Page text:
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Hvannadalshnúkur is the highest peak in Iceland, reaching an impressive altitude of 2,110 meters (6,922 ft). It is the crown jewel of the Öræfajökull volcano, which is an outlet glacier of the vast Vatnajökull ice cap.
Hvannadlasnjúkur mountain in the Vatnajökull National Park, Iceland.
Best time to visit
March - June
Distance from Reykjavík
330 km (205mi)
Coordinates
64.022264, -16.67060935

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Hvannadalshnúkur Mountain in Skaftafell area, Iceland.
15 hours

Hvannadalshnúkur - Iceland's highest summit

Ascending the highest peak in Iceland, Hvannadalshnúkur (2110 m / 6900 ft) is a bucket-list worth climb to check off your list! The mountain is located on the northwestern rim of the Öræfajökull volcano and promises an unforgettable hike with breathtaking panoramic views. This is not a beginners’ hike; be prepared for a challenging climb befitting those with ample climbing experience and in fantastic physical shape. No special technical skills are required, but we recommend packing the items on our equipment list (see below). The climb will be mentally and physically gruelling, but it is worth it.

From €366/person

Hvannadalshnjúkur, the highest peak in Iceland, sits atop the Öræfajökull volcano in southeast Iceland and dominates the Vatnajökull National Park's skyline. Prominently visible along the Ring Road stretch between Höfn and Vík, this dome-shaped peak marks the highest point of the Mid-Atlantic Ridge, an underwater mountain range delineating several tectonic plates.

Iceland's portion of this ridge rises above sea level, culminating in Hvannadalshnjúkur. The peak's ice-covered expanse, shimmering under sunlight, is a breathtaking sight. Despite not being technically demanding, the glacier's unpredictable nature, weather and ever-shifting crevasses make guided climbs essential unless accompanied by seasoned glacier climbers.




Snow-covered summit of Hvannadalsnjúkur with icy outcroppings against a clear sky

Historical and Geographical Significance

Hvannadalshnúkur, being a part of the Öræfajökull volcano, holds significant geological interest. The volcano's last eruptions in the 18th century were among Iceland's most devastating, leading to significant changes in the surrounding landscape. The peak itself stands as a sentinel overlooking vast plains, glaciers, and coastlines, offering a unique vantage point to observe Iceland's diverse geology.

Close-up view of the rugged and snow-dusted summit of Hvannadalsnjúkur.

The first documented climb of Hvannadalshnjukur took place on August 17, 1891, led by British adventurer Frederick W. W. Howell, with the assistance of local guides Pall Jonsson and Thorlakur Thorlaksson. Since then, the renowned mountain has continued to challenge climbers.

Fortunately, guided treks offer enthusiasts with decent physical fitness, endurance, and some mountain climbing background the opportunity to conquer the peak. Given the glacial landscape, climbers must be securely roped and accompanied by guides well-versed in glacial navigation to safely maneuver through the myriad of crevasses.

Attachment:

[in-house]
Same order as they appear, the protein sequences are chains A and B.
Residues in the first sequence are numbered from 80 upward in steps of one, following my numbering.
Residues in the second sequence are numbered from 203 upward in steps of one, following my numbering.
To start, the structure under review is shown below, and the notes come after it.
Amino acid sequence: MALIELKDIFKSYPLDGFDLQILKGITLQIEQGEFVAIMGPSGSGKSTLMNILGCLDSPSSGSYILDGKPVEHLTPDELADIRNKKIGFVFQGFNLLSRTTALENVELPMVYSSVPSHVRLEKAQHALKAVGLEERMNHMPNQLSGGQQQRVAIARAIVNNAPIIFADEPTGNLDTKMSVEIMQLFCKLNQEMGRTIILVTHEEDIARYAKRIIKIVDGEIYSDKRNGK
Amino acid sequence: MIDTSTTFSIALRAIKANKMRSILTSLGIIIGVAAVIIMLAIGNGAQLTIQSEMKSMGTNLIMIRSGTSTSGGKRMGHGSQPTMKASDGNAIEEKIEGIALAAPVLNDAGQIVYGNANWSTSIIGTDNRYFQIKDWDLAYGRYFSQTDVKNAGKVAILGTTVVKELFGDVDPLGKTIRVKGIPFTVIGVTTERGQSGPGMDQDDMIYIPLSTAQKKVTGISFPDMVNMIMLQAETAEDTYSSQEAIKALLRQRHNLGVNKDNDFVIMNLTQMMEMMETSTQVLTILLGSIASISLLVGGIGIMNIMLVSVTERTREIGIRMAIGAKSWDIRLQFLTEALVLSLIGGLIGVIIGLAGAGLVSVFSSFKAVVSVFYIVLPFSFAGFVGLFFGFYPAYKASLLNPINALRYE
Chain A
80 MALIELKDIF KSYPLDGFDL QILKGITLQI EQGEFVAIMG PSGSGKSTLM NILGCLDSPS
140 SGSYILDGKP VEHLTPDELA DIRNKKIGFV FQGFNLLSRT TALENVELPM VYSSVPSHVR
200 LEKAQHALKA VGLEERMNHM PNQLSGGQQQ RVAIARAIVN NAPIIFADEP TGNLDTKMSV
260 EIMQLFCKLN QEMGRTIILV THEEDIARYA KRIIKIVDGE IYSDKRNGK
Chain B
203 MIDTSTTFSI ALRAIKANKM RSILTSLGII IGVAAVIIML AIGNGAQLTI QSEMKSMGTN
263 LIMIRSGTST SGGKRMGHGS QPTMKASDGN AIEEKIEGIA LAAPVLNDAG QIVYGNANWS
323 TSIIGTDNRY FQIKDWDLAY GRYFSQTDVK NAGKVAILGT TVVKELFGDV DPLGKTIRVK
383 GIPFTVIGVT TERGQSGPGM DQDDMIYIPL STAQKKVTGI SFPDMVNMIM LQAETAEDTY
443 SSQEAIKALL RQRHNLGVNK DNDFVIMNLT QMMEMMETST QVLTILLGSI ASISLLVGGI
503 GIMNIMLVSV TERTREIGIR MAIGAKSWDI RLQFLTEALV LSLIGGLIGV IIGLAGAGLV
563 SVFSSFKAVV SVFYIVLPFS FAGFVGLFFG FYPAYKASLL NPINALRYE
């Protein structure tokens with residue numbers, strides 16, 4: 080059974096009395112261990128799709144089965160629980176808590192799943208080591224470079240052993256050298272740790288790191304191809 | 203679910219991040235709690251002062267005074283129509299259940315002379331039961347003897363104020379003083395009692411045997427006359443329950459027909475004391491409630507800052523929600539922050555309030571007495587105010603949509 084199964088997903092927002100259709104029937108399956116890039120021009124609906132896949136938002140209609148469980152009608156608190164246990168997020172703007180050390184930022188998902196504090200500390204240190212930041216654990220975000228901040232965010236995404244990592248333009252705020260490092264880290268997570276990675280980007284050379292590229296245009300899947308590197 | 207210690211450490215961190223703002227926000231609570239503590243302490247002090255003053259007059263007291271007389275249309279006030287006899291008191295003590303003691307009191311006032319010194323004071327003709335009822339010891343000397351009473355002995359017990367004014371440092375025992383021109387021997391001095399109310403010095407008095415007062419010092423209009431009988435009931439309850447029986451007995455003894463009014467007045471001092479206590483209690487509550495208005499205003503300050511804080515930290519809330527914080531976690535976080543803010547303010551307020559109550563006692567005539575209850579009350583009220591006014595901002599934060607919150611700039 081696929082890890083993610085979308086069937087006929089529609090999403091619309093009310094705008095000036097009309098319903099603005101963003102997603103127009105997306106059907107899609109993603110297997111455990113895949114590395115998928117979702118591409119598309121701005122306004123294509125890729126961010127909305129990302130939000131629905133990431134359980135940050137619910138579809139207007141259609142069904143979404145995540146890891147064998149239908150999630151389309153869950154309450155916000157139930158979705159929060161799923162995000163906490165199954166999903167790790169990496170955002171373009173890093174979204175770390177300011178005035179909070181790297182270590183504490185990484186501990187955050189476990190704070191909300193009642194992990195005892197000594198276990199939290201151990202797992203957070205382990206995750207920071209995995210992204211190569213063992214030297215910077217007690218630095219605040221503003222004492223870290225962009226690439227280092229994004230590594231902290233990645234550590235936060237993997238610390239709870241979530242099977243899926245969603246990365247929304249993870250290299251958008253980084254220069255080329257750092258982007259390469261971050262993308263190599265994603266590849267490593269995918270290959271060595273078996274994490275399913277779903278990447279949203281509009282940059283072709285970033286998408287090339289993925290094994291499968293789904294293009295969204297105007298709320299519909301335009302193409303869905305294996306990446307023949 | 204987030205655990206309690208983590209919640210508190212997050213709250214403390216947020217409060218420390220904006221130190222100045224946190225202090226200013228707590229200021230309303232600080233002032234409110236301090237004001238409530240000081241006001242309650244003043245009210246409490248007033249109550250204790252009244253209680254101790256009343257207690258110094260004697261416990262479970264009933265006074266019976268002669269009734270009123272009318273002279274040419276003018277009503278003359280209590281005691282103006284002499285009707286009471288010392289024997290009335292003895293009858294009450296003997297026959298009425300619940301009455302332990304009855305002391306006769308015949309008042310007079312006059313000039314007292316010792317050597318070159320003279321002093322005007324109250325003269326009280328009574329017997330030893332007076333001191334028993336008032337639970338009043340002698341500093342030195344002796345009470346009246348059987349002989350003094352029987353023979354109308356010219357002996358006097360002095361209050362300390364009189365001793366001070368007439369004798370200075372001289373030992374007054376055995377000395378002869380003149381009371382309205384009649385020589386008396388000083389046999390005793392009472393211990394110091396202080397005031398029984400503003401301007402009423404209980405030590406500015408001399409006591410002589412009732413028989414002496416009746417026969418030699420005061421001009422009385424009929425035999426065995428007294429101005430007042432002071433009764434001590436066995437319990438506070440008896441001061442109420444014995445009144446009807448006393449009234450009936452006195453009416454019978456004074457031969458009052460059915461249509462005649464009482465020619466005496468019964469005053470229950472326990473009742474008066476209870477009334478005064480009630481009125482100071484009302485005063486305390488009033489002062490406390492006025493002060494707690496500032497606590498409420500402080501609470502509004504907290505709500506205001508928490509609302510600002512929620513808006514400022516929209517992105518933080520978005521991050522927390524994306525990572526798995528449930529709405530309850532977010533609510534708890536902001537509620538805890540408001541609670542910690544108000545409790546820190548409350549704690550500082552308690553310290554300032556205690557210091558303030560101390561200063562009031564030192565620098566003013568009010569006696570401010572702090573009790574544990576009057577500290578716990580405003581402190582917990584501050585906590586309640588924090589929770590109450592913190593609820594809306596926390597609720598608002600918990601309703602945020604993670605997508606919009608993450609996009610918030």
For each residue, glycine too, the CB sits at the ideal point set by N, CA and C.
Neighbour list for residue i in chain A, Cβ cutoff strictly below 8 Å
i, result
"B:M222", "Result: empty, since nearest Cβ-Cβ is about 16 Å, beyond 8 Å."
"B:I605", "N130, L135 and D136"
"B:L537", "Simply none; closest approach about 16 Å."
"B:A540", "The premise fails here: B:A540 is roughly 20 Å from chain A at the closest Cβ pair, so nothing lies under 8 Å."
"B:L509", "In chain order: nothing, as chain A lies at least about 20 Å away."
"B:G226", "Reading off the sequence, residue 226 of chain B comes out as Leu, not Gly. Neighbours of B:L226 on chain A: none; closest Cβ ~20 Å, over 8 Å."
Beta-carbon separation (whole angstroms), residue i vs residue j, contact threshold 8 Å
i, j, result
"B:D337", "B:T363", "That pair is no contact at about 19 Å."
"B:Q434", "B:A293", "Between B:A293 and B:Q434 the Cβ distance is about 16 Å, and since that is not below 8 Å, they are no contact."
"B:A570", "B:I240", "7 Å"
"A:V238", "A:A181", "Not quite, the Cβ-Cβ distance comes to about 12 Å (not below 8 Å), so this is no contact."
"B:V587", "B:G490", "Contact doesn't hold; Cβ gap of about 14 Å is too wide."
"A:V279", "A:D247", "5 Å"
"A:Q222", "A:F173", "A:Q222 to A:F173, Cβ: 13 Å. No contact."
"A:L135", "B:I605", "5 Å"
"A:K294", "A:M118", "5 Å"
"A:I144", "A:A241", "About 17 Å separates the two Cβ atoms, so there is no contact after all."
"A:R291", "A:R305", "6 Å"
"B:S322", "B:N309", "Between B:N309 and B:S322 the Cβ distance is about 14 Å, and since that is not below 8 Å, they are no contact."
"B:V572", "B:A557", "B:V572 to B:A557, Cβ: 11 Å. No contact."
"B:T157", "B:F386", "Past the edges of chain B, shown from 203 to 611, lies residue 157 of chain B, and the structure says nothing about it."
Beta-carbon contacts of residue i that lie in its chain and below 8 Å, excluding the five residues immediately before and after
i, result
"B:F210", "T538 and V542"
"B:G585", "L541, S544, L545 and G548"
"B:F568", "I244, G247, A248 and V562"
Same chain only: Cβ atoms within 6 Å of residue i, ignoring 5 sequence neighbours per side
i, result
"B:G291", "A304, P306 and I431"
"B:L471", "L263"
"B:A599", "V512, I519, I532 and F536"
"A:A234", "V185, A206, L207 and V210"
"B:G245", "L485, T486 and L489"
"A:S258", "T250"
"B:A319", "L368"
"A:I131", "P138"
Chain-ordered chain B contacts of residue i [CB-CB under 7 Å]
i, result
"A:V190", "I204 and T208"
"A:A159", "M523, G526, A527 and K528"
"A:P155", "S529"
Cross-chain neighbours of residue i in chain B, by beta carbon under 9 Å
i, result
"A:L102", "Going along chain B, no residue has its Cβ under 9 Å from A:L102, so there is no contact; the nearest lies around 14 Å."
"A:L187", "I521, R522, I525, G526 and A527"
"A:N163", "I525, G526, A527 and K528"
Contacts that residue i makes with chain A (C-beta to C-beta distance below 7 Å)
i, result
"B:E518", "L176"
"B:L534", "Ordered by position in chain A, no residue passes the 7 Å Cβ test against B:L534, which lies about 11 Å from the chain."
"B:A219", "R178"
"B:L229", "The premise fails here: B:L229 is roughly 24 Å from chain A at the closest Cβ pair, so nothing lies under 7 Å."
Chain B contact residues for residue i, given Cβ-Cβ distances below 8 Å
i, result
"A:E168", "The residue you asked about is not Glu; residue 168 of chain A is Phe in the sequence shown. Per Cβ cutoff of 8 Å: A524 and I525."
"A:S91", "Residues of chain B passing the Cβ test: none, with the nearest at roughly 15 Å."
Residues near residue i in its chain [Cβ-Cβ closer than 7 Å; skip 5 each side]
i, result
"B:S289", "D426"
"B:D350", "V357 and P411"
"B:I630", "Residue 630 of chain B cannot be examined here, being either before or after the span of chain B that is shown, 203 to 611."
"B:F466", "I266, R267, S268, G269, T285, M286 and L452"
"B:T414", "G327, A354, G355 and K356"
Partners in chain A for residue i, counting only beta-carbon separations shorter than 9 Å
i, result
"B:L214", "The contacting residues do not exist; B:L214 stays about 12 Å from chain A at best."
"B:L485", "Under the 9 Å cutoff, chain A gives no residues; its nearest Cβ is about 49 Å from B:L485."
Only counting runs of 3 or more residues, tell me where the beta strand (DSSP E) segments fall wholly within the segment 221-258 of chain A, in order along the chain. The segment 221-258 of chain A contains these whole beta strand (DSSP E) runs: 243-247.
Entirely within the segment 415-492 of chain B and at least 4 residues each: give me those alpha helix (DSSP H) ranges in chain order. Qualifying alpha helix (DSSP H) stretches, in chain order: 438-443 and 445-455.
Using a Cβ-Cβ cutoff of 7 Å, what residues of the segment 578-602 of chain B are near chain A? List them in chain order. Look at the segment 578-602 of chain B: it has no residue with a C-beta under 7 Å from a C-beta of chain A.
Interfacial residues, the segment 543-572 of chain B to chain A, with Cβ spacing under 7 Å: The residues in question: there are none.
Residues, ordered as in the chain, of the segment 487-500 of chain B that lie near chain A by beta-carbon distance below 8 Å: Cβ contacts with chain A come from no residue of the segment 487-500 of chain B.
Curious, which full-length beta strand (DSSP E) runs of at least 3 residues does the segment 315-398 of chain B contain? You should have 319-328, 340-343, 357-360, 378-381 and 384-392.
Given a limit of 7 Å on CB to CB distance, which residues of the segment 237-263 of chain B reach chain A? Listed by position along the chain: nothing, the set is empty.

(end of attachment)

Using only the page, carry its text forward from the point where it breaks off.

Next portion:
Group of climbers ascending Hvannadalsnjúkur with deep glacial crevasses visible in the background.

Summiting Hvannadalshnjukur

Two primary paths lead to the summit of Hvannadalshnjukur, both originating from the mountain's western side and encompassing roughly 2000 meters (6600 feet) of elevation.

The Hryggjaleið Route is accessible only until mid-July. This route from Virkisjökull glacier closes due to crevasses and icy conditions. Reserved exclusively for expert climbers, it's known for its high difficulty.

The Sandfellsleið Route begins south from the Skaftafell National Park's parking area. T0his standard route is the preferred choice for many. Traversing the Svínafellsjökull glacier, climbers will experience glacier walking and elementary ice climbing. The entire journey takes around 12 hours—8 hours ascending and 4 descending. It remains open most of the year.

Given its sea-level starting point, the 2000m ascent and descent in a day classify Hvannadalshnjukur's climb among the world's lengthiest and most challenging. However, unlike in the Alps, climbers won't feel air-thinning effects after ascending 6500 ft. Nevertheless, climbers need robust fitness and, crucially, endurance for a day-long challenging climb. Typically, guided groups allocate 6-7 hours for the ascent and 4-5 hours for the descent.

The climbing is strenuous - a physically and psychologically intense experience, only suitable for climbers with a high degree of fitness, focus and stamina. This is an expedition-level climb that’s challenging and demanding.

Furthermore, if you choose to climb the mountain independently without the assistance of local professionals, you must possess the necessary skills to use climbing equipment safely and confidently on steep mountainous terrain and glacial surfaces covered with snow. However, if you opt for a guided tour, all necessary equipment will be provided, and a trained guide will ensure your safety.

Questions and Answers About Hvannadalshnúkur Summit Hike

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